“Mother, I’m fine!” These were the first words Shamsho, 40 years old, heard directly from her son Ibrahim, on the phone, after three years of separation. They lost contact in 2015, while they were living in Kakuma camp, in the Northwestern region of Kenya. Ibrahim, 22 years old, arrived in Kenya with his family in 2008. They were fleeing the civil war in Somalia and went straight to Dagahaley camp, in Dadaab, located in Northeastern region of Kenya. One year later, UNHCR transferred Ibrahim and his family to Kakuma camp. After graduating from secondary school, Ibrahim decided it was time…
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May 6 19
Lost and found within a week
REFUNITE’s Community Leader Network has engaged more than 4000 local leaders. This network has a combined reach to more than 2.4 million people. This allows REFUNITE to support communication around communities and the information can travel fast, since the supported population already knows who they should ask for support. In the Democratic Republic of Congo, parents and children get separated every day while fleeing conflict areas. These families can be scattered  and without any contact for years. Thanks to the REFUNITE Community Leader Network, one of these families experienced the power of the communication among the network. Marcel, his wife…
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Nov 13 18
Somali couple reconnected after 10 years of separation
Bisharo left her hometown, Mogadishu, in Somalia, in 2008. She was fleeing the civil war in her country, which began in 1991. Bisharo had a boyfriend, Abdi, who she loved very much and to whom she was promised in marriage. However, she didn’t have time to say goodbye to him and went to Dadaab refugee camp, in Kenya, with her family. She remained in that camp for almost 3 years and then moved to Nairobi. Feeling safe and secure, Bisharo decided to search for Abdi, but she had no success in her quest. She asked about him to friends and…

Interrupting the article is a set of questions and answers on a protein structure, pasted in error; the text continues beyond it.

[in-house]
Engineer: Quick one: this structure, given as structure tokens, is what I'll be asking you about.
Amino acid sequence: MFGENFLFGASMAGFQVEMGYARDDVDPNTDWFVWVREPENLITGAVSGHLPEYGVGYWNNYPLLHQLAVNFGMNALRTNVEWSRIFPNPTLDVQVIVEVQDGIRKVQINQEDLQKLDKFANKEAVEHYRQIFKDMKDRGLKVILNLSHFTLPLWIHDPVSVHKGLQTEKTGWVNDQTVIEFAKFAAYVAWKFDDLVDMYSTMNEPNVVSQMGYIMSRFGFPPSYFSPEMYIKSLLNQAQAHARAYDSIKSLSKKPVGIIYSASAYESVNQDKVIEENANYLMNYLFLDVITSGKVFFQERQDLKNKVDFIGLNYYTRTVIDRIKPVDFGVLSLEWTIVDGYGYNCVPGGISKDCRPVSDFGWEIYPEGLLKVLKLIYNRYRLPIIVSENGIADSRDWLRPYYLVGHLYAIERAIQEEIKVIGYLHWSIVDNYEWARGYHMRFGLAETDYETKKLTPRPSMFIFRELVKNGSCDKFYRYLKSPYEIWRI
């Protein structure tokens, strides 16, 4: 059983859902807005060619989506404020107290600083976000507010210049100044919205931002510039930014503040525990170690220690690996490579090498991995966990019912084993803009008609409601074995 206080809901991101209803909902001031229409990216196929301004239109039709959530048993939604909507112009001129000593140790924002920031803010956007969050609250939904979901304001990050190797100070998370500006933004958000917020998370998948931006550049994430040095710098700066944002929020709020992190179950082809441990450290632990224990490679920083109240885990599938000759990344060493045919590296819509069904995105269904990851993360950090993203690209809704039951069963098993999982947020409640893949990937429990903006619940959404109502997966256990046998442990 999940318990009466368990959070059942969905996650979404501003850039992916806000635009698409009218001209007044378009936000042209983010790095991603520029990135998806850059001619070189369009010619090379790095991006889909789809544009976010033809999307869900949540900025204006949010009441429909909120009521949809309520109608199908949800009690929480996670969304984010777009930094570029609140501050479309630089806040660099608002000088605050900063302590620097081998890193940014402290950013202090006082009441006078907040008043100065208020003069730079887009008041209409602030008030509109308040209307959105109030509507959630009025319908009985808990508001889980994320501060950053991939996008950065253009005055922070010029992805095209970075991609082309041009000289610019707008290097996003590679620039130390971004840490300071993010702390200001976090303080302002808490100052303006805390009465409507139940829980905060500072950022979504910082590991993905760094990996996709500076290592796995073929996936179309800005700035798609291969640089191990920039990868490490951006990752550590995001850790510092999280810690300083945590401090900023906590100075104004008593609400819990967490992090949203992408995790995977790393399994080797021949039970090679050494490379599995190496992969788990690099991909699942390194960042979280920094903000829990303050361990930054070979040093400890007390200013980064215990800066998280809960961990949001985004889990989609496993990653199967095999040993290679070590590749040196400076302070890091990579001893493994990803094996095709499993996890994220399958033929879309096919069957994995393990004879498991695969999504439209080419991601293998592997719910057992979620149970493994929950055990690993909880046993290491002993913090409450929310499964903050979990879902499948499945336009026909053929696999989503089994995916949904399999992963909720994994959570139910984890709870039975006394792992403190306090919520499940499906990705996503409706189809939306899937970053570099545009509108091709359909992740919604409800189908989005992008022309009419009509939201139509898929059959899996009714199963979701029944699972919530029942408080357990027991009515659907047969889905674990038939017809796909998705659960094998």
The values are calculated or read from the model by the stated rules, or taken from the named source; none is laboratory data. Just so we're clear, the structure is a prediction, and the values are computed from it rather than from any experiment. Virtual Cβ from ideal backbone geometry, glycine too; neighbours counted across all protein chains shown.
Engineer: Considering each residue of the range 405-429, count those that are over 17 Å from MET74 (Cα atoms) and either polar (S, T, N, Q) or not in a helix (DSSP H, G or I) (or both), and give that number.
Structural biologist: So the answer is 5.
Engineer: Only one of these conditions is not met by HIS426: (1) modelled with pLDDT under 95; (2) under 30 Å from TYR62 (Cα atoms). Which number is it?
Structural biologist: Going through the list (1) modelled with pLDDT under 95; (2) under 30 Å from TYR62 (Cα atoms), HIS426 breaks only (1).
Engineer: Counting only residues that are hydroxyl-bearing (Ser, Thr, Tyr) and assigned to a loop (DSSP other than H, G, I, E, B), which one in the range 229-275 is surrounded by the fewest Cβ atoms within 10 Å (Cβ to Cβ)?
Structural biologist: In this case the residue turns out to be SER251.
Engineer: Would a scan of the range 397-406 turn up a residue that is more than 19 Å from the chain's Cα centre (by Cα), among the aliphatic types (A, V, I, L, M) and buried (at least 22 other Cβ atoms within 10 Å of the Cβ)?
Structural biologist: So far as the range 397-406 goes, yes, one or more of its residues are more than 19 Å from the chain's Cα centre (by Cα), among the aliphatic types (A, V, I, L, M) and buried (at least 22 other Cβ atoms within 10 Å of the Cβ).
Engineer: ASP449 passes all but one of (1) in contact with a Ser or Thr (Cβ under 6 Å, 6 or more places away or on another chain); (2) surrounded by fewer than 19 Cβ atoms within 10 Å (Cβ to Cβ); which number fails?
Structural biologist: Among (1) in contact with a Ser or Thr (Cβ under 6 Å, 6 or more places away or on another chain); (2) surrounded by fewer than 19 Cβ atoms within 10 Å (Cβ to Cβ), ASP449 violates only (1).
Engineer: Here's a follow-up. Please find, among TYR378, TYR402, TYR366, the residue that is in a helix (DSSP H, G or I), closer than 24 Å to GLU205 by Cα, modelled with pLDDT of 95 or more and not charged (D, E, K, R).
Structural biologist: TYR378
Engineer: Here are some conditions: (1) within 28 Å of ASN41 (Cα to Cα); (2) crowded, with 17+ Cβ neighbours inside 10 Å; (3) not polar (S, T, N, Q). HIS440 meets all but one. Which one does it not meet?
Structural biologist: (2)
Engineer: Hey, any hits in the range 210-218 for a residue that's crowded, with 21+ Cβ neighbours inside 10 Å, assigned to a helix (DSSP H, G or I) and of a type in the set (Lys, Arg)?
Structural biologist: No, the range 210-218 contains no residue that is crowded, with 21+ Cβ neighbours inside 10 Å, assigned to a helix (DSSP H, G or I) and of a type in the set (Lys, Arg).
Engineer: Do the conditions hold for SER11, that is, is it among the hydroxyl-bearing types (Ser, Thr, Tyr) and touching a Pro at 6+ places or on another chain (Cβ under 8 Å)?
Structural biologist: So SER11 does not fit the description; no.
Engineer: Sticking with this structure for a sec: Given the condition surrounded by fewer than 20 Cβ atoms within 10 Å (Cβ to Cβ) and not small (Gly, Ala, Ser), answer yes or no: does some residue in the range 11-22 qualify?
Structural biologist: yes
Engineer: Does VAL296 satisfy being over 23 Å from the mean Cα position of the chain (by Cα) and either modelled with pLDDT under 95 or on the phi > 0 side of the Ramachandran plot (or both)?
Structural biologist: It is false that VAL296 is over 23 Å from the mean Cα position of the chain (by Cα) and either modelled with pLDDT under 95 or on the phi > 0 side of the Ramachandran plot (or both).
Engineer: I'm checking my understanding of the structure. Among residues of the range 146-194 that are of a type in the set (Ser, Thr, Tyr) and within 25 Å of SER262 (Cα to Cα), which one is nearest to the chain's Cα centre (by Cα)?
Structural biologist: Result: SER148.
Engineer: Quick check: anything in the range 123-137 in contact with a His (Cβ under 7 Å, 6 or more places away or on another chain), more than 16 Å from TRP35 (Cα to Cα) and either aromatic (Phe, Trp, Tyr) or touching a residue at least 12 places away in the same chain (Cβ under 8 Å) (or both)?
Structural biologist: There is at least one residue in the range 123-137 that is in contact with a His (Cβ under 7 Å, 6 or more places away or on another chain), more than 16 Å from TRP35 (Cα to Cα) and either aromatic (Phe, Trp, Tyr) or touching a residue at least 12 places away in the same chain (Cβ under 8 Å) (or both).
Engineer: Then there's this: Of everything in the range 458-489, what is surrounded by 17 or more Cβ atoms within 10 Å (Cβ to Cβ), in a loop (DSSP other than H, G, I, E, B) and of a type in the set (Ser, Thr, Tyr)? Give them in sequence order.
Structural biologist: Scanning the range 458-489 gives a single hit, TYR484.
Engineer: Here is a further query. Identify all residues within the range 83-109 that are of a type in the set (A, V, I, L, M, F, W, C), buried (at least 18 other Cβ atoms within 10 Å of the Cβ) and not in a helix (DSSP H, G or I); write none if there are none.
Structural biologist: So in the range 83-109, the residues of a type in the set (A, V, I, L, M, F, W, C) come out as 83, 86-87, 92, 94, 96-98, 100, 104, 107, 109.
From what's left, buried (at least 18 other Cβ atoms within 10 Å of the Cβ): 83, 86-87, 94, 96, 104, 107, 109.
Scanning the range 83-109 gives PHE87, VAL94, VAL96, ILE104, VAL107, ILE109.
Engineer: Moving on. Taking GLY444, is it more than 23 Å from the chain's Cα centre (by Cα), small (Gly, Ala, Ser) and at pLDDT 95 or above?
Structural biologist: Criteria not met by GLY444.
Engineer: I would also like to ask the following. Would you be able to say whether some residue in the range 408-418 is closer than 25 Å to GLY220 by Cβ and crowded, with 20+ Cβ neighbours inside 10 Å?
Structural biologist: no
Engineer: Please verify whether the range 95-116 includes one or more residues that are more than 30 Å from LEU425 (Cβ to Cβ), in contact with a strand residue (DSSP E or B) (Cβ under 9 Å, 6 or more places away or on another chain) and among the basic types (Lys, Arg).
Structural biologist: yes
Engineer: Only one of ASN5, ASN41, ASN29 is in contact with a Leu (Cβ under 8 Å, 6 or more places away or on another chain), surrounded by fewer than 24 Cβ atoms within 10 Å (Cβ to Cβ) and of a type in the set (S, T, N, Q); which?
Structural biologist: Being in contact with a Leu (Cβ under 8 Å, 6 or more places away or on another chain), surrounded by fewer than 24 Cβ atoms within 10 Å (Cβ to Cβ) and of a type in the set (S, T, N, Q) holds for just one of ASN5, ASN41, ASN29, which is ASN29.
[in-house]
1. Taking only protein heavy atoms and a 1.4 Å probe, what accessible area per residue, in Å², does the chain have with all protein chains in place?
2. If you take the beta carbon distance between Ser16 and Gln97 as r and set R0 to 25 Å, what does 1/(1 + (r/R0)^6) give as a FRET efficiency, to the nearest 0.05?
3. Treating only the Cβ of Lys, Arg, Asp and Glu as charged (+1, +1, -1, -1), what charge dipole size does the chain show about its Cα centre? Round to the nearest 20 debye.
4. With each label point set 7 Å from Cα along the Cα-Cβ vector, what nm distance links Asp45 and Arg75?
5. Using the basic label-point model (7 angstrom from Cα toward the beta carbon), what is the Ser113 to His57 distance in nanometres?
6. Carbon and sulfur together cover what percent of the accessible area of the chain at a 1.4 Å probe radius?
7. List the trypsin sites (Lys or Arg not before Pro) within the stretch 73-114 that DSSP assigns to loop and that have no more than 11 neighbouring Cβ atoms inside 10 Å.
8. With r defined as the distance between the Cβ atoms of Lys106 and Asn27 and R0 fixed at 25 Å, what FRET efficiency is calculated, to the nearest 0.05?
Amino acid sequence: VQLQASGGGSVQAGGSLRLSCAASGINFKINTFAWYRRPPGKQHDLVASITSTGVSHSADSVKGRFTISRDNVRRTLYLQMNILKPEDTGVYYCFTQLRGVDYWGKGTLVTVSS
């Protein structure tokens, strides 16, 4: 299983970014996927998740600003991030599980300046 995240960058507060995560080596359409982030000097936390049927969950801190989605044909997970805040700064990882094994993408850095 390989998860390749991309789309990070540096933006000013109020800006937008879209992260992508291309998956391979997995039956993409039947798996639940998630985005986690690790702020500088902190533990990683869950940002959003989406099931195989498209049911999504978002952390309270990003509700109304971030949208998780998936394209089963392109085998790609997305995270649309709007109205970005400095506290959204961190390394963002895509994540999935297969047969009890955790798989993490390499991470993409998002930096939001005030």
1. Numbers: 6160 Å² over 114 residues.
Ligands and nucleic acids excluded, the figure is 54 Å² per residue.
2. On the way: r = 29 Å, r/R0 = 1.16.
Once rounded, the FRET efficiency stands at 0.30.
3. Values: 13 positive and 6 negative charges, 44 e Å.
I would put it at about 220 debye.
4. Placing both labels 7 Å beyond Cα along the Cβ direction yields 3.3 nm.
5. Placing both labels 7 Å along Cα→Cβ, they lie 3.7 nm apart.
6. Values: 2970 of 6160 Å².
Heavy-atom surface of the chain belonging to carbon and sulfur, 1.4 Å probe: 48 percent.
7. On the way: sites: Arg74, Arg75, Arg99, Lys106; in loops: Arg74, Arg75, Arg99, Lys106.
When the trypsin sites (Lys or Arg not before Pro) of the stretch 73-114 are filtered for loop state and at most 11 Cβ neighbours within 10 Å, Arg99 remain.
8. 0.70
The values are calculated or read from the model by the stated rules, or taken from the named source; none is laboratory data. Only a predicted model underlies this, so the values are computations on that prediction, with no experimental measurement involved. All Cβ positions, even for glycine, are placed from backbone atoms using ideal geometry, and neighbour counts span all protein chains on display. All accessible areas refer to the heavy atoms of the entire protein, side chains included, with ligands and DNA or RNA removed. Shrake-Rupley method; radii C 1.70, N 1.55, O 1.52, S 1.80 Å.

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Oct 23 18
REFUNITE team meets community leaders from DRC
Photo: (from left to right) Guillaume Mastaki, Nathalie Badesirhe,humanitaire, Fuego El Mutaz, and Leon Simwerayi. Our REFUNITE team talks to hundreds of leaders every day, on a week basis. Usually, we connect through phone calls, but earlier this year one of our call center agents, El Fuego Mutaz, got the exceptional opportunity to meet up in Gisenyi, Rwanda, with four of our active leaders from the North Kivu Region in DRC: Madame Nathalie Badesirhe, a humanitarian agent from Goma, Maître Bashwira Murhula Zachary, a lawyer from Goma Law Court, and senior member of the national Civil Society, Mr Guillaume Mastaki,…
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May 25 15
‘I Found My Brother on REFUNITE After 8 Years of Separation!”
In 2013, a young man named Haroon attended a community forum in Dadaab refugee camp, where he learned about REFUNITE’s family tracing services. Dadaab is located in Garissa County, approximately 100 kilometers from the Kenya-Somalia border. It is one of the largest refugee camps in the world and is home to more than 500,000 refugees from different conflict zones in East and Central Africa. The community forums are where refugees go to learn about the different services and programs available to them, and it is also where they get the latest news and updates from the agencies that support them. Haroon…
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Hundreds of families are reconnected through our work every month, often after years of searching for their missing loved ones.